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Special 2012 Ballot Initiatives Report


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Special 2012 Ballot Initiatives Report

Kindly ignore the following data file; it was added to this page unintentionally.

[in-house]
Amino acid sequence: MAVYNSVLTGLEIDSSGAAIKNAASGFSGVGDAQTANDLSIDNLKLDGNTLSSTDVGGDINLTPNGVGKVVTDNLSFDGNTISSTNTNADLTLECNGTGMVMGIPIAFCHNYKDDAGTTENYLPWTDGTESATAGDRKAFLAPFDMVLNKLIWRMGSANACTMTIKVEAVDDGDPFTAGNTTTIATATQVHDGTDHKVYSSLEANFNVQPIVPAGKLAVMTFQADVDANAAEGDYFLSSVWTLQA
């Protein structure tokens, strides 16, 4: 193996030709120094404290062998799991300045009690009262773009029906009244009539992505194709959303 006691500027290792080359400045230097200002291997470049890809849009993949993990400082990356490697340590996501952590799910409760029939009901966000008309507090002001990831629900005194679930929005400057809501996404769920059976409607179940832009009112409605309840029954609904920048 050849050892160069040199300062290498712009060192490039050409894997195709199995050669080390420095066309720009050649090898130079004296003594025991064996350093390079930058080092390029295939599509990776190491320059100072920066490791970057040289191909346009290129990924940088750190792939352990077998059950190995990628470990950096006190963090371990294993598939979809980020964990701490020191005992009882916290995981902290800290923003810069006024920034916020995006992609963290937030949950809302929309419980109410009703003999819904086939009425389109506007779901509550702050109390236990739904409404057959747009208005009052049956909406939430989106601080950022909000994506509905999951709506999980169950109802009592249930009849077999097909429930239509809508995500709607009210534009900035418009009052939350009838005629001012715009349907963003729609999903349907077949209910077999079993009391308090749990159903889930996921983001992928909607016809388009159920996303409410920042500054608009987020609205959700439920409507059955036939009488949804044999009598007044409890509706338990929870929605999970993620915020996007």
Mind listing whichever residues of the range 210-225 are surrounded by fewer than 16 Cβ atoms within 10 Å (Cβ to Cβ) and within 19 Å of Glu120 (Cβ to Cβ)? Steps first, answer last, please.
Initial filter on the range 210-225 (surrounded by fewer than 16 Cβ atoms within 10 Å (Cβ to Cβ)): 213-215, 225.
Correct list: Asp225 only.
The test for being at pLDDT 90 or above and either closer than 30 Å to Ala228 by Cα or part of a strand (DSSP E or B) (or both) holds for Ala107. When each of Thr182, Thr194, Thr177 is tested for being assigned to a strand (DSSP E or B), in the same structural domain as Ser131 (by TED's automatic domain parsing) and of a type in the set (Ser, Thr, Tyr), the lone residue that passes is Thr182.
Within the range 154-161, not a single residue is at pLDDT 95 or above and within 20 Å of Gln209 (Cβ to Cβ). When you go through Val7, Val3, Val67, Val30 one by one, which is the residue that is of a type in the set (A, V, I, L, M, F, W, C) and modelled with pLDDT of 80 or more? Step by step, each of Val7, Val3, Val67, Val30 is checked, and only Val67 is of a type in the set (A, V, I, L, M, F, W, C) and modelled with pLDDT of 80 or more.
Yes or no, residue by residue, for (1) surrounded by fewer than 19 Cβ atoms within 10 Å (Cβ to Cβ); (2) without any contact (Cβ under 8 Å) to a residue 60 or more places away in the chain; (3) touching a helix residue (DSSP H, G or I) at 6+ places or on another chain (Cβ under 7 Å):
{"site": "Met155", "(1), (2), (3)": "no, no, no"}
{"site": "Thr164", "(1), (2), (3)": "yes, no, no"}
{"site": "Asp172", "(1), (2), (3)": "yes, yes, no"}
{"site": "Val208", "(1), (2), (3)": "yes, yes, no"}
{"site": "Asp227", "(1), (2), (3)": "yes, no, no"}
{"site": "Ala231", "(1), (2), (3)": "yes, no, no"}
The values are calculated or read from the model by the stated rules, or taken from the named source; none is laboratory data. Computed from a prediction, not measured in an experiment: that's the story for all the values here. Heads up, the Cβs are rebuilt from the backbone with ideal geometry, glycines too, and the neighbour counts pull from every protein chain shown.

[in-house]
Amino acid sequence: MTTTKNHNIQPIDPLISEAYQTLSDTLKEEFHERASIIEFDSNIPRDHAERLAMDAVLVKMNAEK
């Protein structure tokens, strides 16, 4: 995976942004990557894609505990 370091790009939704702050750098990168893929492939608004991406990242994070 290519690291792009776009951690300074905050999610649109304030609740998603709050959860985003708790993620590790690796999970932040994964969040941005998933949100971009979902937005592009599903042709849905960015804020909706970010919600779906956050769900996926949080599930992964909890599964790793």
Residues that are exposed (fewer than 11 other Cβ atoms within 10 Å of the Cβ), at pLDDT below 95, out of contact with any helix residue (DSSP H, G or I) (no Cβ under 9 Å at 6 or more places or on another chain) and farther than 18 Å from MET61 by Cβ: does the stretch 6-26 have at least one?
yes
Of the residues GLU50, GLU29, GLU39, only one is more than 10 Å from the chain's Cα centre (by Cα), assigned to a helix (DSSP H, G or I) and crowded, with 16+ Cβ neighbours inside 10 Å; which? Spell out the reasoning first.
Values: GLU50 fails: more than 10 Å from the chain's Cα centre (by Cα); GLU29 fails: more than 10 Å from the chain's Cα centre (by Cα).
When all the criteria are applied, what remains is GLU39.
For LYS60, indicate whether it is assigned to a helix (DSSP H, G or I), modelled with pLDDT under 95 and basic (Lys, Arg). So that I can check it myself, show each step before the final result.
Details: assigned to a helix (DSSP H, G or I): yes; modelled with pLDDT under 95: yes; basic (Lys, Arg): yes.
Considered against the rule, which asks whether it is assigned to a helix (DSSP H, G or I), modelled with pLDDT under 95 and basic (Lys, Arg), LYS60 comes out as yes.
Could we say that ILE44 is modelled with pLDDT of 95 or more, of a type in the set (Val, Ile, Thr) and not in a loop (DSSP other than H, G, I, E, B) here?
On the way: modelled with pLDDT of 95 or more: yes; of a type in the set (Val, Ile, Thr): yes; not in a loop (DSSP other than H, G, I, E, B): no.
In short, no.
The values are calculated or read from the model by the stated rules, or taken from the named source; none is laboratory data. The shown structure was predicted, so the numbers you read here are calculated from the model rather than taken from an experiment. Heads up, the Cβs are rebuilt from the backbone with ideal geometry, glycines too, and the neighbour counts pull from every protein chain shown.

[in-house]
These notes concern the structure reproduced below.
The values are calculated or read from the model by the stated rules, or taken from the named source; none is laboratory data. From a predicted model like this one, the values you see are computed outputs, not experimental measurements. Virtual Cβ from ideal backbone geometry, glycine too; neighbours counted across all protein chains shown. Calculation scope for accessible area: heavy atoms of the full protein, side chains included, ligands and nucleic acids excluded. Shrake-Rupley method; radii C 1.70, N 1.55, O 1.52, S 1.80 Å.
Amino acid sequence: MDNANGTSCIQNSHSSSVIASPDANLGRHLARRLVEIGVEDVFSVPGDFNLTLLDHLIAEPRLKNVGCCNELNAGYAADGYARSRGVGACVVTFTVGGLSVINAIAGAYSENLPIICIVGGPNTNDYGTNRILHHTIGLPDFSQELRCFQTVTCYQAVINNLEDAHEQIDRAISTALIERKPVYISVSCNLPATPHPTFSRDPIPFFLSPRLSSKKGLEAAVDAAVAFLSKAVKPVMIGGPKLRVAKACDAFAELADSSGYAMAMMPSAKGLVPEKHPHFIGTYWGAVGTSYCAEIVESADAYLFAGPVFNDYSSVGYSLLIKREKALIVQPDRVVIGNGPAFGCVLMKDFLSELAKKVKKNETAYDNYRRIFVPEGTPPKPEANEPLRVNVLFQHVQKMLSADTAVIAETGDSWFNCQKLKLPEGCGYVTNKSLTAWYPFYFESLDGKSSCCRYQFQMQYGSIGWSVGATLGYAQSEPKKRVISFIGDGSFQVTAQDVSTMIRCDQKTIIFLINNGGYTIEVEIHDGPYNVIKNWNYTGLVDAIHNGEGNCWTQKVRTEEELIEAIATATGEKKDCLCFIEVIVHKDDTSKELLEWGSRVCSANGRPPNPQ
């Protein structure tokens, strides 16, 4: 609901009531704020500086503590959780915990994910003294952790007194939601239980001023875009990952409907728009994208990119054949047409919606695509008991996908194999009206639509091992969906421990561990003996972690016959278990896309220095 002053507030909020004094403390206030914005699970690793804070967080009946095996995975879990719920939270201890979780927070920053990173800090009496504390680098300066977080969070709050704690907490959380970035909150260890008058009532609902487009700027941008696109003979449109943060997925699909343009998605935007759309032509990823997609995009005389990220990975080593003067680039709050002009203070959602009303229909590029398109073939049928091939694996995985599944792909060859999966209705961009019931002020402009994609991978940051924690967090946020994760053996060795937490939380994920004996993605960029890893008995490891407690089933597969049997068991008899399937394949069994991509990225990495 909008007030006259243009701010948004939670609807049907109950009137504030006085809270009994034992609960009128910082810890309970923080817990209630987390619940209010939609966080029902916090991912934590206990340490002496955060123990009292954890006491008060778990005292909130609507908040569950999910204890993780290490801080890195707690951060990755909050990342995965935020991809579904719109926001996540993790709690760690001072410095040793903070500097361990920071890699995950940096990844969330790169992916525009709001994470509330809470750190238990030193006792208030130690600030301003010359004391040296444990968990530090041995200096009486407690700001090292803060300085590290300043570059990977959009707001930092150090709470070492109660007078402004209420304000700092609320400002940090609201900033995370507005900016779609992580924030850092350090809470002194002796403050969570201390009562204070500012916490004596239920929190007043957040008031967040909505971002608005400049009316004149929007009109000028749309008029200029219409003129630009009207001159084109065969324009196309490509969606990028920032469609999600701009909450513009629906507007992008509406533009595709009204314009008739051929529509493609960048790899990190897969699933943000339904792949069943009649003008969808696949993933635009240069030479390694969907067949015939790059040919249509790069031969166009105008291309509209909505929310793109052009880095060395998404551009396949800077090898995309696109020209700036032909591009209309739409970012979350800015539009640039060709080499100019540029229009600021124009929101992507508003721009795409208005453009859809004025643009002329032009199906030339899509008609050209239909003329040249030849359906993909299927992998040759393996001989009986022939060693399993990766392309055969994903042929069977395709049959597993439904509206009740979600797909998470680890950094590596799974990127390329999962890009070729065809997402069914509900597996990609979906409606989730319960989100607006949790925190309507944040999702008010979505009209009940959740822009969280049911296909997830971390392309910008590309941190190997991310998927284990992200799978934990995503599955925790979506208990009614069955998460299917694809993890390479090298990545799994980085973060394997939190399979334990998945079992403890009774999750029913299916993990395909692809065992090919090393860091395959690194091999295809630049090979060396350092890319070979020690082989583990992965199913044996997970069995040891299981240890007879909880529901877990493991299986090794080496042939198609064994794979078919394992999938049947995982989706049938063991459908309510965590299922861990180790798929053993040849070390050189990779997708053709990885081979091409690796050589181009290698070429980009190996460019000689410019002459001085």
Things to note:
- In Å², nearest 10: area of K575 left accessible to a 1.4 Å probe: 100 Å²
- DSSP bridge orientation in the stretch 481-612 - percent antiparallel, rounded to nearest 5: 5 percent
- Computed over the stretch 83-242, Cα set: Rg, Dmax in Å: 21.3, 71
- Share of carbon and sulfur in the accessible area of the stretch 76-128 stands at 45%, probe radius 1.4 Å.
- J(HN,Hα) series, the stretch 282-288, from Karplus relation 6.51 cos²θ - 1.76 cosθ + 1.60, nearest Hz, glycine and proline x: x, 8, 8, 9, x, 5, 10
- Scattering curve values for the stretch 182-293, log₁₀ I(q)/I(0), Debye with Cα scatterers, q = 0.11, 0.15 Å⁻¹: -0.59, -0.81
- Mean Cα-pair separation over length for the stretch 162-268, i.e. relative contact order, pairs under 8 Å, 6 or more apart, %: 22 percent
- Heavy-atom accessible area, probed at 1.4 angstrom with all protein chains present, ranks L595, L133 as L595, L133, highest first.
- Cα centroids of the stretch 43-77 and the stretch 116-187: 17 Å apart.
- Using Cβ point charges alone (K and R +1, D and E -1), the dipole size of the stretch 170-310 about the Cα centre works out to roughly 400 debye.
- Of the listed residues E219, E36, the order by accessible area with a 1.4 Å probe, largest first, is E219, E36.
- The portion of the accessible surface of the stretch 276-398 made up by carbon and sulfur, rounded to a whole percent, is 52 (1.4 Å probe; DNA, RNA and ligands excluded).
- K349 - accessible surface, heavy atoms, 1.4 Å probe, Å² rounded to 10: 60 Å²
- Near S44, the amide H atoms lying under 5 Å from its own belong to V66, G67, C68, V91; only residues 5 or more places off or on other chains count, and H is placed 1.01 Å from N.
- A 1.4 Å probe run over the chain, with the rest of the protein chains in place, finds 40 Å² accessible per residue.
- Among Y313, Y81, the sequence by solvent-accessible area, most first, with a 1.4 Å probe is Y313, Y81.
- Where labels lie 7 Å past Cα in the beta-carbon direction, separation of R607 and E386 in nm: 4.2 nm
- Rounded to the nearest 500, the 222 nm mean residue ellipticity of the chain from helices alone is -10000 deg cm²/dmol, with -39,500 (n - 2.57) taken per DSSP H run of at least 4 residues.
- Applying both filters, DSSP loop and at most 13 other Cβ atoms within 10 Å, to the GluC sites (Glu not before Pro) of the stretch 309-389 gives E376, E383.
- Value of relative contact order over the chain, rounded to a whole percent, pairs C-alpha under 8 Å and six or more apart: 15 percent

1. 1. 2012 Ballot Initiatives Report Voters on November 6 showed once again the importance of transportation by approving 68 percent of the measures to increase or extend funding for highways, bridges and transit. This is in line with years past – in 2010 voters approved 61 percent of similar measures, they approved 78 percent in 2008, 77 percent in 2006 and 76 percent in 2004. The total value approved was $2.4 billion. ARTBA tracked 31 measures overall – five were statewide initiatives and 26 were local. All of the seven bond initiatives were approved by voters. Eighteen measures were for increasing, extending or renewing a sales tax for transportation purposes, two were property tax extensions and one was for a local gas tax. Three of the four statewide measures to raise additional transportation funds passed with an average approval rate of 63 percent. Arkansas voters approved a one-half cent increase in the state sales tax to cover a $1.3 billion bond issue for roads and bridges. The temporary sales and use tax will help fund improvements for state highways and bridges, county roads, city streets and other surface transportation. Alaska voters approved a bond issue of $453.5 million for transportation. Question 4 in Maine was approved by 72 percent, providing $51.5 million in bonding for highway and bridge repairs and local road improvements. Voters in Arizona rejected an extension of a temporary sales tax increase that would have raised $900 million in revenue for education and $100 million for the state infrastructure fund. Although a strong majority of voters (65 percent) in Los Angeles, California, supported Measure J, which would have extended the 30-year one-half sales tax passed in 2008 for an additional 30 years, the ballot initiative needed a 66 percent super majority for approval. The current sales tax measure is set to expire in 2039. Had the measure passed, it would have extended the current sales tax to 2069 and given the Los Angeles County Metropolitan Transportation Authority the ability to accelerate several transit projects by borrowing against future tax revenues. There was a proposal to increase the gas tax was in Memphis, Tennessee. Although most local governments do not have the ability to levy gas taxes, there are some states that have exceptions. Voters rejected a proposal to increase the local gas tax by one-cent per gallon to fund bus operations for the Memphis Area Transit Authority. Voters also rejected an increase in the Memphis sales tax to cover a local budget deficit and fund education. Three ballot initiatives did not specifically ask voters to increase funding for roads, bridges or transit, but they did address transportation issues. Voters in Michigan have